“We stand on the brink of technological revolution that will alter fundamentally the way we live, work and relate to one another.”
He also stressed:
“In its scope, scale and complexity, the transformation will be unlike anything mankind has experienced before.”
He went on to say:
“We do not know just how it will unfold but one thing is clear: the response to it must be integrated and comprehensive, involving all stakeholders of the global polity, from the public and private sectors to academia and civil society.”
So as for now what is in store for us as far as the Fourth Industrial Revolution is concerned, is still unclear. But what we can say is advancement in technology will the drive force of Industry 4.0, similar to that of the First Industrial Revolution, The Second Industrial Revolution and The Third Industrial Revolution, which is with us today.
Specifically, to main elements will play a critical role in the so called Industrial Revolutions – that is energy source and communication system. Industry 1.0 was driven by wood power, to coal power, to steam power. Hence we have steam powered printing press that made way to the rise of the print media – newspapers, magazines and books.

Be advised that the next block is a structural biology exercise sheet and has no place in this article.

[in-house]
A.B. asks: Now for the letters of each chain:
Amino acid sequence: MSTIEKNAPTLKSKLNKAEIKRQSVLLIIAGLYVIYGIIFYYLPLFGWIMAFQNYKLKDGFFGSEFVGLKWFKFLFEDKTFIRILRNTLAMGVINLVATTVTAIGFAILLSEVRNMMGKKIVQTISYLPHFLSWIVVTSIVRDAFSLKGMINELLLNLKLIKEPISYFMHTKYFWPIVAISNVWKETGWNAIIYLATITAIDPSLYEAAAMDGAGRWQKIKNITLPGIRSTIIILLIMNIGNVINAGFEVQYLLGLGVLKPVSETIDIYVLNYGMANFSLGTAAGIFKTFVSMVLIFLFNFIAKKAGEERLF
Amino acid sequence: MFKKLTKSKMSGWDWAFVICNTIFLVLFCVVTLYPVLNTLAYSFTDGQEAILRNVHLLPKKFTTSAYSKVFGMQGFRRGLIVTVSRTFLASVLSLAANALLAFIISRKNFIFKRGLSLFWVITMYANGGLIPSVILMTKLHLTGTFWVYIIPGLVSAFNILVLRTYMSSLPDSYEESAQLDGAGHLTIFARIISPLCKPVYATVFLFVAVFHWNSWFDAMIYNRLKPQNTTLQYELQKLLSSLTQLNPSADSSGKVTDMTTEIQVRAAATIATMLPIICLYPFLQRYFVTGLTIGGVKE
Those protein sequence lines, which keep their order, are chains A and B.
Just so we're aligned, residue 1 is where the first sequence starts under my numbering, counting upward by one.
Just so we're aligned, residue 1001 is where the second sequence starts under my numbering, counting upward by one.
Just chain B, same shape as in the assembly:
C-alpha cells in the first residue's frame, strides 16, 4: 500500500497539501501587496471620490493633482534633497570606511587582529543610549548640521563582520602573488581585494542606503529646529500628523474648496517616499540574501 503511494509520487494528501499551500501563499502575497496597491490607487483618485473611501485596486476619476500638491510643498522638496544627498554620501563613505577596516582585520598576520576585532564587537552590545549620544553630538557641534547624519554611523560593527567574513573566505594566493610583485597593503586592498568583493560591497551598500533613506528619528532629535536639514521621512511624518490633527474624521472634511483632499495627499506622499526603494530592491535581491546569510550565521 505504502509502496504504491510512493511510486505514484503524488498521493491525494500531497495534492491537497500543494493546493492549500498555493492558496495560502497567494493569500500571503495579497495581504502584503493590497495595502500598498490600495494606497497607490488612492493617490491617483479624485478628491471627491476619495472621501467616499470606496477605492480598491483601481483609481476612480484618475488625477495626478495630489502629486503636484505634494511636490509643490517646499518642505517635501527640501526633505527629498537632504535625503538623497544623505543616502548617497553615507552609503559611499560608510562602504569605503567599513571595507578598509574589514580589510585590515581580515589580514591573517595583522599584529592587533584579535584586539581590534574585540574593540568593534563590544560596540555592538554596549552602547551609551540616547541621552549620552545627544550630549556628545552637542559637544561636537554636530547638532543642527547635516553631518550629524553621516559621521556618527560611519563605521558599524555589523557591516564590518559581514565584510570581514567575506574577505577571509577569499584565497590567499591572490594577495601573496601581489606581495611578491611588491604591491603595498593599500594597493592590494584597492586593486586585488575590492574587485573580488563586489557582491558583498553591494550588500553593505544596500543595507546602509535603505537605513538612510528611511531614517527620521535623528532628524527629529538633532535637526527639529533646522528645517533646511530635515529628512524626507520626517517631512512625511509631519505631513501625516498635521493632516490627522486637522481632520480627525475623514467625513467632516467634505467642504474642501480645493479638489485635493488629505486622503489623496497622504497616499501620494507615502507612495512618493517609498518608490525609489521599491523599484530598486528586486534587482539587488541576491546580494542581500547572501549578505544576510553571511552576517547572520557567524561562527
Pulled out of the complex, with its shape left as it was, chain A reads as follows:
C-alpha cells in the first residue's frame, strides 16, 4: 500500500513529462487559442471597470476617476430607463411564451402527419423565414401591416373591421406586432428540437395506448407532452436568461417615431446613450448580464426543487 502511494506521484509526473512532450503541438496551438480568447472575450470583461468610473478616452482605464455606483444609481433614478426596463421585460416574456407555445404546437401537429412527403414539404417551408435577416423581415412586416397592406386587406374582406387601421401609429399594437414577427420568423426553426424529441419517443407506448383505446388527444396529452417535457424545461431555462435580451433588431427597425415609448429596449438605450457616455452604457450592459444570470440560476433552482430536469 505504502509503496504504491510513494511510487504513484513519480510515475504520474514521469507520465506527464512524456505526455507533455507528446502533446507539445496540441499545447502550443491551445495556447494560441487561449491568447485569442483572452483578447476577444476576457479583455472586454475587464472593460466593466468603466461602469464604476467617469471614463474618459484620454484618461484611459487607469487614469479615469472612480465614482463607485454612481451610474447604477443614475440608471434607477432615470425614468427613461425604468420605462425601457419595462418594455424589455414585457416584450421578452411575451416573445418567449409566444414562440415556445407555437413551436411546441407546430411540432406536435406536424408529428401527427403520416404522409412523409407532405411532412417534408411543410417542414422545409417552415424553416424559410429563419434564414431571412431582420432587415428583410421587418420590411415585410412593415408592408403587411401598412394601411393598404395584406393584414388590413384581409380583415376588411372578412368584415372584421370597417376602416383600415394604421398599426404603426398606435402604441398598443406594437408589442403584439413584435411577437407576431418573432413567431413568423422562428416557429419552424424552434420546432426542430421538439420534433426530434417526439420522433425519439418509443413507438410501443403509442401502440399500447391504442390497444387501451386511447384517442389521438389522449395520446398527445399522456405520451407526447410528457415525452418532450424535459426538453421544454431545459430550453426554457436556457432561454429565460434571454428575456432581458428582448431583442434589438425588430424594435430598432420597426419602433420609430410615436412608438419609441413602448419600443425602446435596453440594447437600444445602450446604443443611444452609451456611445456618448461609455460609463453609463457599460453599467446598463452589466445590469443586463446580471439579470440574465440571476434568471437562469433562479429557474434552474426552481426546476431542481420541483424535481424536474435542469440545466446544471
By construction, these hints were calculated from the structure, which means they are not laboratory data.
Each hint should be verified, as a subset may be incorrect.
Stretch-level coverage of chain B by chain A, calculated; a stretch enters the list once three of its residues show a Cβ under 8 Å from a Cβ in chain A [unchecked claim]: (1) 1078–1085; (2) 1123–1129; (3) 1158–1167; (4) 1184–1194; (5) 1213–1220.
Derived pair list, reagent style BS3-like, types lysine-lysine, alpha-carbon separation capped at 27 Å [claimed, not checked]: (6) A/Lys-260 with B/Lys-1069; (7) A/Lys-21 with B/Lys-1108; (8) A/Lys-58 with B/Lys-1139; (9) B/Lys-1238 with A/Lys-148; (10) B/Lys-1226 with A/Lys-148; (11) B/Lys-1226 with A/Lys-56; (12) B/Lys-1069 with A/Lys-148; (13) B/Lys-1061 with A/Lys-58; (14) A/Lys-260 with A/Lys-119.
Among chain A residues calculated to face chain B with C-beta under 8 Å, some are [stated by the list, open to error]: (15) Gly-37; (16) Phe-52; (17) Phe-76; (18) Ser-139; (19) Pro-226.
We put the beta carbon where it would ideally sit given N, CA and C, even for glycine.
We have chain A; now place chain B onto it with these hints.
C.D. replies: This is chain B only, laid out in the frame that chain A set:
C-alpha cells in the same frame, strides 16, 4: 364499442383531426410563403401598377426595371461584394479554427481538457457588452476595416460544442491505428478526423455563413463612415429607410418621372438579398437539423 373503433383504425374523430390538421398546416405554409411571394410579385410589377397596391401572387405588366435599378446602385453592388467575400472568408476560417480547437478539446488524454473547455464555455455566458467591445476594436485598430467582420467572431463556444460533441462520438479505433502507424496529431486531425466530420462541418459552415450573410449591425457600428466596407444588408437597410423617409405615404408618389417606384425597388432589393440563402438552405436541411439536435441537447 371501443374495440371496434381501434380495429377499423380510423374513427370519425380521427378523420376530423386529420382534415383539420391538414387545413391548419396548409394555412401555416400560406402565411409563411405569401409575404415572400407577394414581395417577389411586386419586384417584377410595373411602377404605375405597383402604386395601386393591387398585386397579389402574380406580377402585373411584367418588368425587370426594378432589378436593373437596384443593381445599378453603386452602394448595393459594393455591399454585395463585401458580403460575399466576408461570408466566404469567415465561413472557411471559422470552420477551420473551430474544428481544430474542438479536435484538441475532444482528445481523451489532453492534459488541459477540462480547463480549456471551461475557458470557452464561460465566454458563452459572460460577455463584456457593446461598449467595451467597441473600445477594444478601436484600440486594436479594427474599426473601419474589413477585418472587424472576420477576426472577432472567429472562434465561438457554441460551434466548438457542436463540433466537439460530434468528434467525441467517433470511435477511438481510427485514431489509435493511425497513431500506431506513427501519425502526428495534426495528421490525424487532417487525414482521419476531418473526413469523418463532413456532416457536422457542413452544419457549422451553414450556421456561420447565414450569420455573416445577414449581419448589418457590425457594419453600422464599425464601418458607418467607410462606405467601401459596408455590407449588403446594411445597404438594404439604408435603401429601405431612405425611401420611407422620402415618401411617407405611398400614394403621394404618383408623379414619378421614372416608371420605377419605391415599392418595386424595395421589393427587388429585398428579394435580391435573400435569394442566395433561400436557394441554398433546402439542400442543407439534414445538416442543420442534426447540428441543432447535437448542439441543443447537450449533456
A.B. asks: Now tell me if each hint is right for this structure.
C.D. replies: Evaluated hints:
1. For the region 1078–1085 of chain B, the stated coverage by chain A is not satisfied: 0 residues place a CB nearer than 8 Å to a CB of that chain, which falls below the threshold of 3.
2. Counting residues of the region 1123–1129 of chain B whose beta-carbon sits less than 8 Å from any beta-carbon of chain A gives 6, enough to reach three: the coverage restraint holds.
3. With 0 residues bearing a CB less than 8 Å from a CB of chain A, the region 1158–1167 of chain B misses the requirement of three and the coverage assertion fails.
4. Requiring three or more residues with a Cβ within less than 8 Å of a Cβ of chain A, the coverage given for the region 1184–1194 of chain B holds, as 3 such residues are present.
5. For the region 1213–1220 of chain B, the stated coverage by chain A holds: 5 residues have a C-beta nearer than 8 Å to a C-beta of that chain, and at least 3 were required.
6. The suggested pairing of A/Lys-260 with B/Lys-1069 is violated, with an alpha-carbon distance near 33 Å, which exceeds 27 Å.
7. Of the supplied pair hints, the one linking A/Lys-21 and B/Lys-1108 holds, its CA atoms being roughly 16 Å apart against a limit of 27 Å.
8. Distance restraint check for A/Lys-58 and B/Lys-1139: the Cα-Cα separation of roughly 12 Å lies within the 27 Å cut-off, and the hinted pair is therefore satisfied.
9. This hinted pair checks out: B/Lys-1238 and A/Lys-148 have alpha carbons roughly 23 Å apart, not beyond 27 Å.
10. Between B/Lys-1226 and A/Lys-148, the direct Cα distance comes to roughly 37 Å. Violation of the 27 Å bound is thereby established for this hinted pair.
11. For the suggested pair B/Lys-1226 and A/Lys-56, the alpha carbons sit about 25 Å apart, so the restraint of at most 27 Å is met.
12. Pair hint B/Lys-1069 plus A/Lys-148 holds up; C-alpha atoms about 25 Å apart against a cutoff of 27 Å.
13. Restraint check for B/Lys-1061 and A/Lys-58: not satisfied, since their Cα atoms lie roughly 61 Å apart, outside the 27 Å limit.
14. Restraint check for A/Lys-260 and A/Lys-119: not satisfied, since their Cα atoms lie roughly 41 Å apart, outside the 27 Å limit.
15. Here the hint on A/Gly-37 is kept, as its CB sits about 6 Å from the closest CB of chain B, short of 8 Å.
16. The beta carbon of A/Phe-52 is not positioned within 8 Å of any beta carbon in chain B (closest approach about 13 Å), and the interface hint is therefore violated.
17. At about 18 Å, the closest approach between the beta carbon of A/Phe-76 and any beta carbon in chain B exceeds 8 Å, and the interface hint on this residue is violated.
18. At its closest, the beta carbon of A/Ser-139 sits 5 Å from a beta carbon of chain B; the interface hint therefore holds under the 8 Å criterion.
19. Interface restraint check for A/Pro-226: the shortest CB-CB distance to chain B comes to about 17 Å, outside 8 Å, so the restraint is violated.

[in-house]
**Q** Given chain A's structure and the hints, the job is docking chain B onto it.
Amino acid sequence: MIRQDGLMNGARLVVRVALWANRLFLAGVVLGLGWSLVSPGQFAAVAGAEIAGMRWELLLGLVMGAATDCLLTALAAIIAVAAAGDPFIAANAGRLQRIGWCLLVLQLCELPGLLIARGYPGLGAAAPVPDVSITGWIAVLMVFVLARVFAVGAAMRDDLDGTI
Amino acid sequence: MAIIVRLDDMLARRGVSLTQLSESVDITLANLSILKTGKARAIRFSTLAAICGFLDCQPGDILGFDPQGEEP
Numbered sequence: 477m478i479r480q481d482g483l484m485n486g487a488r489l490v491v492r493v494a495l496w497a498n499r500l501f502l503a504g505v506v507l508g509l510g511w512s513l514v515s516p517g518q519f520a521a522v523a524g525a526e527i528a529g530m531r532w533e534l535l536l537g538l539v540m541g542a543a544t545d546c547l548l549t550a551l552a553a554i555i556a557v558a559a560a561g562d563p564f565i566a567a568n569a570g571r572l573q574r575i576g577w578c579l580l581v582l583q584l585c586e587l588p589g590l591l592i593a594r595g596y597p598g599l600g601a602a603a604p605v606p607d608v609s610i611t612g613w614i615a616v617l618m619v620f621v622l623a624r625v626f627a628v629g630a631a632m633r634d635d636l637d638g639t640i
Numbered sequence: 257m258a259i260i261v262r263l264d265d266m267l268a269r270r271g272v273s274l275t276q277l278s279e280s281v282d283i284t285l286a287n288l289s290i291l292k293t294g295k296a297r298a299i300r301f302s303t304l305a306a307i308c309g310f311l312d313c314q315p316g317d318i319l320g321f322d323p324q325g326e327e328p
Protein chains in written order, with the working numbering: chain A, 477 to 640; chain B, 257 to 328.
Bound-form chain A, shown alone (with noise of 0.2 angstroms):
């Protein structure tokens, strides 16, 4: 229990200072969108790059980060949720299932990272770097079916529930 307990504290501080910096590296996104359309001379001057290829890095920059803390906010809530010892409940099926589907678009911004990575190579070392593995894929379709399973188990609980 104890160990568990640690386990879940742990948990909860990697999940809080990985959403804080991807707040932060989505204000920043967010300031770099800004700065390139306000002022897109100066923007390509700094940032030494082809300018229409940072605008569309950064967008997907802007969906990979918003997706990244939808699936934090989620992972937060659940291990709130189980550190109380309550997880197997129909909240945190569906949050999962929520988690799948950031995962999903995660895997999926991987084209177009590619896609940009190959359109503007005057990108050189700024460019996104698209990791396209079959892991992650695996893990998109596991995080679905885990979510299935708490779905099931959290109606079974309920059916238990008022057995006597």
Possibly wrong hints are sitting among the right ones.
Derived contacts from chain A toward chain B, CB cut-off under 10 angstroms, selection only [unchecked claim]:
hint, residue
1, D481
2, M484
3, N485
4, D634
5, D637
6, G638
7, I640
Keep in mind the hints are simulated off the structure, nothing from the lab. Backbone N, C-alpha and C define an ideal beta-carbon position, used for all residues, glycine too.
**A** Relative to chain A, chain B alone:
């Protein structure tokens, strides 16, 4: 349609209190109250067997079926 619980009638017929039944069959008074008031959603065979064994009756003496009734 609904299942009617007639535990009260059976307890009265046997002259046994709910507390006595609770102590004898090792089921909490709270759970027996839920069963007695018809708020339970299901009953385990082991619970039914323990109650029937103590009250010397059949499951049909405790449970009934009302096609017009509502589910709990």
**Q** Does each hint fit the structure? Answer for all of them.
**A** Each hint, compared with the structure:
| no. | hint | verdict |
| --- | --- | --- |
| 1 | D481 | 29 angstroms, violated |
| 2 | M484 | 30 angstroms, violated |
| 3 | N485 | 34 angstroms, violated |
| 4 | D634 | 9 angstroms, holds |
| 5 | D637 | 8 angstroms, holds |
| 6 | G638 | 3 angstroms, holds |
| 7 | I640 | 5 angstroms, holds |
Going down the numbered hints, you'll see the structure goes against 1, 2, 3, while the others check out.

Industry 2.0 was driven by oil that replaced coal and steam power. In terms of communication system we have electricity, telegraph, telephones, electrification cities and homes. Together, oil and electricity led to the internal combustion engine, the building of roads, highways, autobahn, electric railways. During this period we saw the rise of radio and television as means of communication; hence electronic media and journalism.
Then came Industry 3.0, roughly around 1969 onwards. In term of communication systems, the hallmark of the Third Industrial Revolution are: computerization and Internet; static desktops connected by Internet started in mid-1990s; Internet highways was created thru increase used of satellites and its networks, wireless technology. And of course with it, proliferation of the social media sites and use of apps.
Now we are told that we are the early state of Industry 4.0. What are its main characteristics? According to Klaus Schwab, one is the combination of cyber-physical system; Internet of things and Internet system; the other is the concept of smart and multiple connectivity.
For example the idea of smart factories that is machine augmented with web connectivity to a system that can visualise the entire production chain and make decisions on its own. Breakthrough in the fields such as artificial intelligence, 3-D printing, nanotechnology, biotechnology, materials science, energy storage and quantum computing will also accelerated the coming of Industry 4.0.
Industry 4.0 and journalism
What does it mean for journalism and journalism education in particular?
When I started my career in journalism in 1971, I didn’t anticipate the media and journalism landscape would change so radically into what it is today. My thinking them was that journalism has reached its maturity with radio, television and print as its core. As far as the future is concerned, from the perspective of the 70s, is that we will witness the grow of radio, television and newspapers in term of number. I did not expect the advent of digital technology with Internet as media latest medium.